1 ¶ A word fitly spoken is like apples of gold
In settings of silver.
Proverbs 25:1 (NKJV)
By Bro. John L. Cash
Lately, everywhere I look I see evidences of my childhood. Spencer and Seth rescued a number of treasures from the house I grew up in, and are using them to decorate the places of their abode. I am surrounded by happy memories.
One of my favorite things is the framed picture of the “Desiderata” that used to hang in my grandmother’s bedroom. “Desiderata” is a Latin word that means “The things to be desired.” It’s a beautiful piece of poetry, and it’s my desire that you become acquainted with it (if you’re not already.) It would be a shame to go through life without ever reading it.
Maybe in the next few weeks I’ll comment on how the content of this poem find their fulfillment in daily life. But today I just want to share it in its entirety. Think about it this week. And strive to be happy.
Go placidly amid the noise and the haste,
and remember what peace there may be in silence.
As far as possible, without surrender,
be on good terms with all persons.
Speak your truth quietly and clearly, and listen to others,
even to the dull and the ignorant; they too have their story.
Avoid loud and aggressive persons; they are vexatious
to the spirit. If you compare yourself with others,
you may become vain or bitter, for always
there will be greater and lesser persons than yourself.
Enjoy your achievements as well as your plans.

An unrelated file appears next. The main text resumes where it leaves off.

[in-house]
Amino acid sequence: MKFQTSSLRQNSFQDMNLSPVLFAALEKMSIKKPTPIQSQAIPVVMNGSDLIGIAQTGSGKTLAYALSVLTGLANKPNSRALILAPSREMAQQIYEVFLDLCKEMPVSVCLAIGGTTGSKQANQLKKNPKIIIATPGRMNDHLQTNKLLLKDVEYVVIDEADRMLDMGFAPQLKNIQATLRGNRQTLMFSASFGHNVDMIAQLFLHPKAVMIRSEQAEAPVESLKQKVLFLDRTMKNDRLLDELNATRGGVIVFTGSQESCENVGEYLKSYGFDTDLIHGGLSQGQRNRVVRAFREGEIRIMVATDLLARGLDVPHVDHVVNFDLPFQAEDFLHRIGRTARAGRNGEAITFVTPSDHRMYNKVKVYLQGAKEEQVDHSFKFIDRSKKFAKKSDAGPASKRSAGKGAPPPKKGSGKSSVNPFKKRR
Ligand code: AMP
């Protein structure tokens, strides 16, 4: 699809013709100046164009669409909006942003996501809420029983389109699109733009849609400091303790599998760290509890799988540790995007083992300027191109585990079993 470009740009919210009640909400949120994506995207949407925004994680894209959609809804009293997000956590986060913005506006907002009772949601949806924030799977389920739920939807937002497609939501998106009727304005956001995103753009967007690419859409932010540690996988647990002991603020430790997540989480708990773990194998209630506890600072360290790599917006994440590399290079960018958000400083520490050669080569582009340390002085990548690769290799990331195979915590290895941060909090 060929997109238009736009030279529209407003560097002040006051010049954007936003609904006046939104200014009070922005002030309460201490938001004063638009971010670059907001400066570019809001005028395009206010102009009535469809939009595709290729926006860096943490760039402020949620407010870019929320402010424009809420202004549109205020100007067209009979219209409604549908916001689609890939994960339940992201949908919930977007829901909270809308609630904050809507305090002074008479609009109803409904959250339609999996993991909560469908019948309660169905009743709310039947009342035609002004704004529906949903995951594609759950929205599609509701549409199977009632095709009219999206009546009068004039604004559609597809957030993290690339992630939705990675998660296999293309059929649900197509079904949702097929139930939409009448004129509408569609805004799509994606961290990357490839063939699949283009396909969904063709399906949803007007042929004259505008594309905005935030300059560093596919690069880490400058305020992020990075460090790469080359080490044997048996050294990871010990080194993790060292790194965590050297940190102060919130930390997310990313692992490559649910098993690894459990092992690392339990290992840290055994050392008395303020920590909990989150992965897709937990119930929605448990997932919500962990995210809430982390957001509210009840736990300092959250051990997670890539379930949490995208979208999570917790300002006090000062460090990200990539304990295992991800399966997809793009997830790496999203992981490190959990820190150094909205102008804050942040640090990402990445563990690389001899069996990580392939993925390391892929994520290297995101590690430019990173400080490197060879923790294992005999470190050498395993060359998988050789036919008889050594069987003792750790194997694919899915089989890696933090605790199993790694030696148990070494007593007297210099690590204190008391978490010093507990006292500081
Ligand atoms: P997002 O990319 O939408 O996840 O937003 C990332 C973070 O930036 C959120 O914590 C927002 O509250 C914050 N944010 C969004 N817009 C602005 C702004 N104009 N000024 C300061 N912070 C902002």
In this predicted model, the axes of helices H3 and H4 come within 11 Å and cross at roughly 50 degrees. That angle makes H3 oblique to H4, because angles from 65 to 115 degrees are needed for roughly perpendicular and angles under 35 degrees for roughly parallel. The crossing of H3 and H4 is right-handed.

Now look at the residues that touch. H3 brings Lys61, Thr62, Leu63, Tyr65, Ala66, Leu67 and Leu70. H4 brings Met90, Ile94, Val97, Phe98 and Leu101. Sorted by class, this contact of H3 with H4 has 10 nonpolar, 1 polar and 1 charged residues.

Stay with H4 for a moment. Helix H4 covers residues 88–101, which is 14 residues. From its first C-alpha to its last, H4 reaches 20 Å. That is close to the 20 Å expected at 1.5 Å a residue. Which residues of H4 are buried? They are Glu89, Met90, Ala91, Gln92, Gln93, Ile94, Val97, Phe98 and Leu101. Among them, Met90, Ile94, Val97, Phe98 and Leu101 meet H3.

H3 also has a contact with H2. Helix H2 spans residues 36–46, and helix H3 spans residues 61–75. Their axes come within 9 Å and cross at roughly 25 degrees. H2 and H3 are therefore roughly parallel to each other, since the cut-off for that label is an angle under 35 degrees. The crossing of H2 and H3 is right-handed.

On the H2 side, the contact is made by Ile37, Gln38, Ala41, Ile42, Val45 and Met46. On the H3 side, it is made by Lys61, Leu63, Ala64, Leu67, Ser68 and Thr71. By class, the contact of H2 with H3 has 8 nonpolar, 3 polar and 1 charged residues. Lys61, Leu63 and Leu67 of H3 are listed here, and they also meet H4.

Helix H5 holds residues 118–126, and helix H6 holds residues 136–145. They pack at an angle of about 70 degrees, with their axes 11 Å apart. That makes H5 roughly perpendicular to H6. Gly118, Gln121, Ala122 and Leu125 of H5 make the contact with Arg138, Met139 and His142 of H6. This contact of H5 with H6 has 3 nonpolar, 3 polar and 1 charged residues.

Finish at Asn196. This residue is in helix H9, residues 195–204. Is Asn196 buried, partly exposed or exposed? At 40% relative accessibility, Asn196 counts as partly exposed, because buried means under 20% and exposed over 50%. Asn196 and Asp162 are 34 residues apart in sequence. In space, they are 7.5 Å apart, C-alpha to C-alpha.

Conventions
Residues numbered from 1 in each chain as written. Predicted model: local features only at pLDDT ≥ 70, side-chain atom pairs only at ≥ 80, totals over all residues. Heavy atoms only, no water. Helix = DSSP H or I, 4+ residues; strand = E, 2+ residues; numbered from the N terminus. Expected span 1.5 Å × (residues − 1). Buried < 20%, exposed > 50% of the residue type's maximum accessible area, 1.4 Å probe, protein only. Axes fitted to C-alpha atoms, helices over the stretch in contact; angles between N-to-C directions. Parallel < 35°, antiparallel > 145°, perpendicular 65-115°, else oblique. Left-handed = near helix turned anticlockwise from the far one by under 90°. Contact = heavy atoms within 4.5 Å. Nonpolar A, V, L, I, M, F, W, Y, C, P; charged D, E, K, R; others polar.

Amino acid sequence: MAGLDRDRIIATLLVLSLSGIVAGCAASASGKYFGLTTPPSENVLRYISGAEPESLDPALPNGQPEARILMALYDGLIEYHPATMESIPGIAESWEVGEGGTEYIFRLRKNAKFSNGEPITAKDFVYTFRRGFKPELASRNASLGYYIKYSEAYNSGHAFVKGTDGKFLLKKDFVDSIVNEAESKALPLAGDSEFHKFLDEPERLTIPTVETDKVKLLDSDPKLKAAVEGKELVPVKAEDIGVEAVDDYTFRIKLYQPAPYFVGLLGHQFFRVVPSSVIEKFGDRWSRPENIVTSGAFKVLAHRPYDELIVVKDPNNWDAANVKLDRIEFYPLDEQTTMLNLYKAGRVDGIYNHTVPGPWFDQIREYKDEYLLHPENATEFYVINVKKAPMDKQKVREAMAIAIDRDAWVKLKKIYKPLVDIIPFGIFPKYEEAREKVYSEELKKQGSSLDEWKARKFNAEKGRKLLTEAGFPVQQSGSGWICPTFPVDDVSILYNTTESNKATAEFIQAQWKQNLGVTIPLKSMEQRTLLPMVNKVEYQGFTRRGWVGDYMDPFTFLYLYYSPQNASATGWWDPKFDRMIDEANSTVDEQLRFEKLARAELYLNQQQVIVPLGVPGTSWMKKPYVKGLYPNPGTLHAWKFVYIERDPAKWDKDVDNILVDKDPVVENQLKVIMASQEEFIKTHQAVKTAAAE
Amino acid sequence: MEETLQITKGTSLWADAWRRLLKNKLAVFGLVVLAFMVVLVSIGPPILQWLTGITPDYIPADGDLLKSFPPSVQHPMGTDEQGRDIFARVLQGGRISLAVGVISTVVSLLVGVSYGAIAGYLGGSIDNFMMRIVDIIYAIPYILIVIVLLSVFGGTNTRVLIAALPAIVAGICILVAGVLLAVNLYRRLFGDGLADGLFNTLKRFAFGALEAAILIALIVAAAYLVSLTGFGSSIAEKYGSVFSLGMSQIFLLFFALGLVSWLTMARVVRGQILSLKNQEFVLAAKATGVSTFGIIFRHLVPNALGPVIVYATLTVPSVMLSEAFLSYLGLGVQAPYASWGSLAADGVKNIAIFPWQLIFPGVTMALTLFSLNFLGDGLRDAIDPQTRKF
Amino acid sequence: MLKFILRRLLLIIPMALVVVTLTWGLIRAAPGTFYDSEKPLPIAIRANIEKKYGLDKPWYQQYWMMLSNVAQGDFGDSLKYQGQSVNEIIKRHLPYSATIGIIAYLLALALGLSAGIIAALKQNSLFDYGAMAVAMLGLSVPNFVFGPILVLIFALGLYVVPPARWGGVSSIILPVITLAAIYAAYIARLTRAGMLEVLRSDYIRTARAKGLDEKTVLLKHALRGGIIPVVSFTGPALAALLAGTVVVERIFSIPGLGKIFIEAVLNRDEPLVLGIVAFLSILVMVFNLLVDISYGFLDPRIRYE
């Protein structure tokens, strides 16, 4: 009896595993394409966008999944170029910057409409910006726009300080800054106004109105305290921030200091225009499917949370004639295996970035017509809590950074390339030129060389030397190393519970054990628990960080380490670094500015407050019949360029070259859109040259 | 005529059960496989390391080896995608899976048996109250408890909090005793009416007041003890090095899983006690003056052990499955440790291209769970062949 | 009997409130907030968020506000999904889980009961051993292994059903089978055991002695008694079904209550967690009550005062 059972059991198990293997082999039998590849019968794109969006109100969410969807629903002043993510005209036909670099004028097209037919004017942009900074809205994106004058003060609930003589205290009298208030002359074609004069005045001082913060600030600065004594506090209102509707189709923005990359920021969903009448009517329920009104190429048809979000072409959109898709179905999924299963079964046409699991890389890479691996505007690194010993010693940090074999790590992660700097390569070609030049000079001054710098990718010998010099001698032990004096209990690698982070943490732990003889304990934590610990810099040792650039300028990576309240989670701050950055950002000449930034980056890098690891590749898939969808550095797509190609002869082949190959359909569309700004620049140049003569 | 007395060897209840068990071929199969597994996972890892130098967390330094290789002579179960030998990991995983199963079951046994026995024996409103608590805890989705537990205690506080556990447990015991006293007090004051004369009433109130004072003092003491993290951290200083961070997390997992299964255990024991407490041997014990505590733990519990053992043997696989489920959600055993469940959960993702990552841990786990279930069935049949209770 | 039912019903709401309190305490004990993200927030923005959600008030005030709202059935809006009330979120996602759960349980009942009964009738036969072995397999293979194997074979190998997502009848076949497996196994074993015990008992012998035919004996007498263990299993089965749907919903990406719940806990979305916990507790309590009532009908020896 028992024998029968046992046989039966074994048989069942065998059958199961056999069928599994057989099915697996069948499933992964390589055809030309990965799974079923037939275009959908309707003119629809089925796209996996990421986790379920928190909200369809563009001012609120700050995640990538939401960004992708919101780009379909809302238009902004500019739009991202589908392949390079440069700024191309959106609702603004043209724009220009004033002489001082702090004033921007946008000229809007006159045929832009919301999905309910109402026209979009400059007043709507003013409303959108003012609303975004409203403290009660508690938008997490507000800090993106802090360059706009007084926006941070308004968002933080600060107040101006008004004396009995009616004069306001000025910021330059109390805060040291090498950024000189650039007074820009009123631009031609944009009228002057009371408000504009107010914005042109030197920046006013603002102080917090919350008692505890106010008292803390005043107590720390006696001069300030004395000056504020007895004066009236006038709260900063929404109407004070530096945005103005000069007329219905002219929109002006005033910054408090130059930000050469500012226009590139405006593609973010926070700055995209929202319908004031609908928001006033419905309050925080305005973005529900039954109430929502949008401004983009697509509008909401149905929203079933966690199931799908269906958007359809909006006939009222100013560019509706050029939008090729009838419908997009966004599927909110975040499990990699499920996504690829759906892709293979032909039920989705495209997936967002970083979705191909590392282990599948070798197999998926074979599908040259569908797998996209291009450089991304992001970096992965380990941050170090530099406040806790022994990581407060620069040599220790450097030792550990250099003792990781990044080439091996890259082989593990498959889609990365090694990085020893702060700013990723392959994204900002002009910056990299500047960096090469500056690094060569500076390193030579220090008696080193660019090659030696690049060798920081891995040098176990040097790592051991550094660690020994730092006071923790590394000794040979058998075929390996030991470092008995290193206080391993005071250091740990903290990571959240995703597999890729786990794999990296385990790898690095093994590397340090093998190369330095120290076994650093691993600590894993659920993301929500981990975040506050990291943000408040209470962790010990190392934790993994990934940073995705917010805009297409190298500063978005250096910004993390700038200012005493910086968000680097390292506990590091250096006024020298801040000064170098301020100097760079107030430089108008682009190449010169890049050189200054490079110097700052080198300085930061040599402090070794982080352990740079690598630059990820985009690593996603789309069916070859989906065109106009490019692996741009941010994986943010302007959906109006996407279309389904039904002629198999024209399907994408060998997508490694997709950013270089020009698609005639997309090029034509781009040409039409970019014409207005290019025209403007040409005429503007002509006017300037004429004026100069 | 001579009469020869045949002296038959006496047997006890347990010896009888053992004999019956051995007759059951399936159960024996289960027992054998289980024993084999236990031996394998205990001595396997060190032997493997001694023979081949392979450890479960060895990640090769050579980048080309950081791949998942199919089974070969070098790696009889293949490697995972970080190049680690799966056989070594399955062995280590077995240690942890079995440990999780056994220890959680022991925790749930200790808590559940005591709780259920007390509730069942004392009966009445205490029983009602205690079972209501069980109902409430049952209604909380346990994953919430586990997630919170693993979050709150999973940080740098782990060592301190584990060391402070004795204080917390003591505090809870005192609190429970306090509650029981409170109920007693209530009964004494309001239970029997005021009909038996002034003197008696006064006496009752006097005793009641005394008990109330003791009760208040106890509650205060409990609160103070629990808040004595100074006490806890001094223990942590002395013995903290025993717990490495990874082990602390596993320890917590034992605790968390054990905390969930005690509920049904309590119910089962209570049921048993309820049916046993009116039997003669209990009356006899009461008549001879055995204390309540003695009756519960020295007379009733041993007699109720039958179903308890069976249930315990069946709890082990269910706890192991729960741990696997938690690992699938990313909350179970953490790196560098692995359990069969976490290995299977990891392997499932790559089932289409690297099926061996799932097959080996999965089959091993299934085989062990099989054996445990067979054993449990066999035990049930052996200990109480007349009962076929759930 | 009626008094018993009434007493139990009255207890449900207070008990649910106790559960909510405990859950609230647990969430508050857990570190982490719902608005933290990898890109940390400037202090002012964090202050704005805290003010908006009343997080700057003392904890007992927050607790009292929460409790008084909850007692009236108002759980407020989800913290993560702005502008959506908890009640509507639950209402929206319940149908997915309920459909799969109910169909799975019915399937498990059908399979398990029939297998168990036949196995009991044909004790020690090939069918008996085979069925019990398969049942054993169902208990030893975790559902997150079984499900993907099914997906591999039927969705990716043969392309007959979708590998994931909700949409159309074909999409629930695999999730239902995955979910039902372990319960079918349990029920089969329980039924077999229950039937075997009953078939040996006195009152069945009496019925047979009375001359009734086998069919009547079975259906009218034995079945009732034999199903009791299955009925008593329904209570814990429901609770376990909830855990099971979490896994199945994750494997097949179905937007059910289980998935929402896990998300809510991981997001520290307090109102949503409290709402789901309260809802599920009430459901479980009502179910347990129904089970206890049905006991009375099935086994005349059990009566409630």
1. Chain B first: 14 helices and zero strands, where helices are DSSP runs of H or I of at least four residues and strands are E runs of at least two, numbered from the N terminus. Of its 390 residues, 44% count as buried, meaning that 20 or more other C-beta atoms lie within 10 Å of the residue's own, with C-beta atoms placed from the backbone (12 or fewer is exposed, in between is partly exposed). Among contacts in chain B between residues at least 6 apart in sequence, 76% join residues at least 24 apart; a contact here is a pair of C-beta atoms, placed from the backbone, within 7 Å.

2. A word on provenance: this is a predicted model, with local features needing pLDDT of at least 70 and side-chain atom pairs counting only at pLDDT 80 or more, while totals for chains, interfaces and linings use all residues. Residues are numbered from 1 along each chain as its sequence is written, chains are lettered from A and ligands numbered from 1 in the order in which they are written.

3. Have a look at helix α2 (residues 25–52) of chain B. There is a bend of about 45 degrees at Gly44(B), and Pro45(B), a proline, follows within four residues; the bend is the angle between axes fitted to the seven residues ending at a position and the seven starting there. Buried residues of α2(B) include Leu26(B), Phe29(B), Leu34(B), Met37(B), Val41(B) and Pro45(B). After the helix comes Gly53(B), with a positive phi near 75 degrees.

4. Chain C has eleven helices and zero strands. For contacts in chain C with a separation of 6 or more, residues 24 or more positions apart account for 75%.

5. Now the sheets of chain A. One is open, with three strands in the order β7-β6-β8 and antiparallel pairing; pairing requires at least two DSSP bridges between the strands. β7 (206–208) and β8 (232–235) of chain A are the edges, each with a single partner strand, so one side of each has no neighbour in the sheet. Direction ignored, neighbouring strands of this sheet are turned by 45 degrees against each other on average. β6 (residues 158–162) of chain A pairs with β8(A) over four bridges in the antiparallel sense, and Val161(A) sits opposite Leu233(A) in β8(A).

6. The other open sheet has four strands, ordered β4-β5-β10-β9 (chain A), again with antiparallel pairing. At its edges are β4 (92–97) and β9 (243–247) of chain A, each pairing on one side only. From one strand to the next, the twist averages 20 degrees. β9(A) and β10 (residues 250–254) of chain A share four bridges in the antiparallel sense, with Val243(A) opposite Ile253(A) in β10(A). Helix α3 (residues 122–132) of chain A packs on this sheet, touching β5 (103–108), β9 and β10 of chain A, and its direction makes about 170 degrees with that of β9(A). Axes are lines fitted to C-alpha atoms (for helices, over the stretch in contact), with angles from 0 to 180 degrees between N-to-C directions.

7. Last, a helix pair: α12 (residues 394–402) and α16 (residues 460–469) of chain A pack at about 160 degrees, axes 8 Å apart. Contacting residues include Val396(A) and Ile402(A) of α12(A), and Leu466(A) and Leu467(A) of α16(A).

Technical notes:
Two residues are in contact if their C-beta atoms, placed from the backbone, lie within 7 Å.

Keep interested in your own career, however humble;
it is a real possession in the changing fortunes of time.
Exercise caution in your business affairs, for the world is full of trickery.
But let this not blind you to what virtue there is;
many persons strive for high ideals,
and everywhere life is full of heroism.
Be yourself. Especially do not feign affection.
Neither be cynical about love, for in the face of all aridity and disenchantment;
it is as perennial as the grass.
Take kindly the counsel of the years,
gracefully surrendering the things of youth.
Nurture strength of spirit to shield you in sudden misfortune.
But do not distress yourself with dark imaginings
Many fears are born of fatigue and loneliness.
Beyond a wholesome discipline, be gentle with yourself.
You are a child of the universe no less than the trees and the stars;
you have a right to be here.
And whether or not it is clear to you,
no doubt the universe is unfolding as it should.
Therefore, be at peace with God,
whatever you conceive Him to be.
And whatever your labors and aspirations
in the noisy confusion of life, keep peace in your soul.
With all its sham, drudgery, and broken dreams,
it is still a beautiful world. Be cheerful. Strive to be happy.
©1927 Max Ehrmann (renewed) Bell & Son publishing, LLC
Dr. John L. Cash is the “Country Preacher Dad.” He was raised in Stuttgart, Arkansas, and has spent the last 28 years being a country preacher in the piney woods five miles south of the little town of Hickory, Mississippi. (On week days has a desk-job at a public school, and until recently taught Latin on closed-circuit-television.) He and his lovely wife, Susan, live in the parsonage next door to the Antioch Christian Church (where tropical storm Karen turned out to be a dud.) Their kids include Spencer (age 22), his wife Madeline (age 22), and Seth (age 19).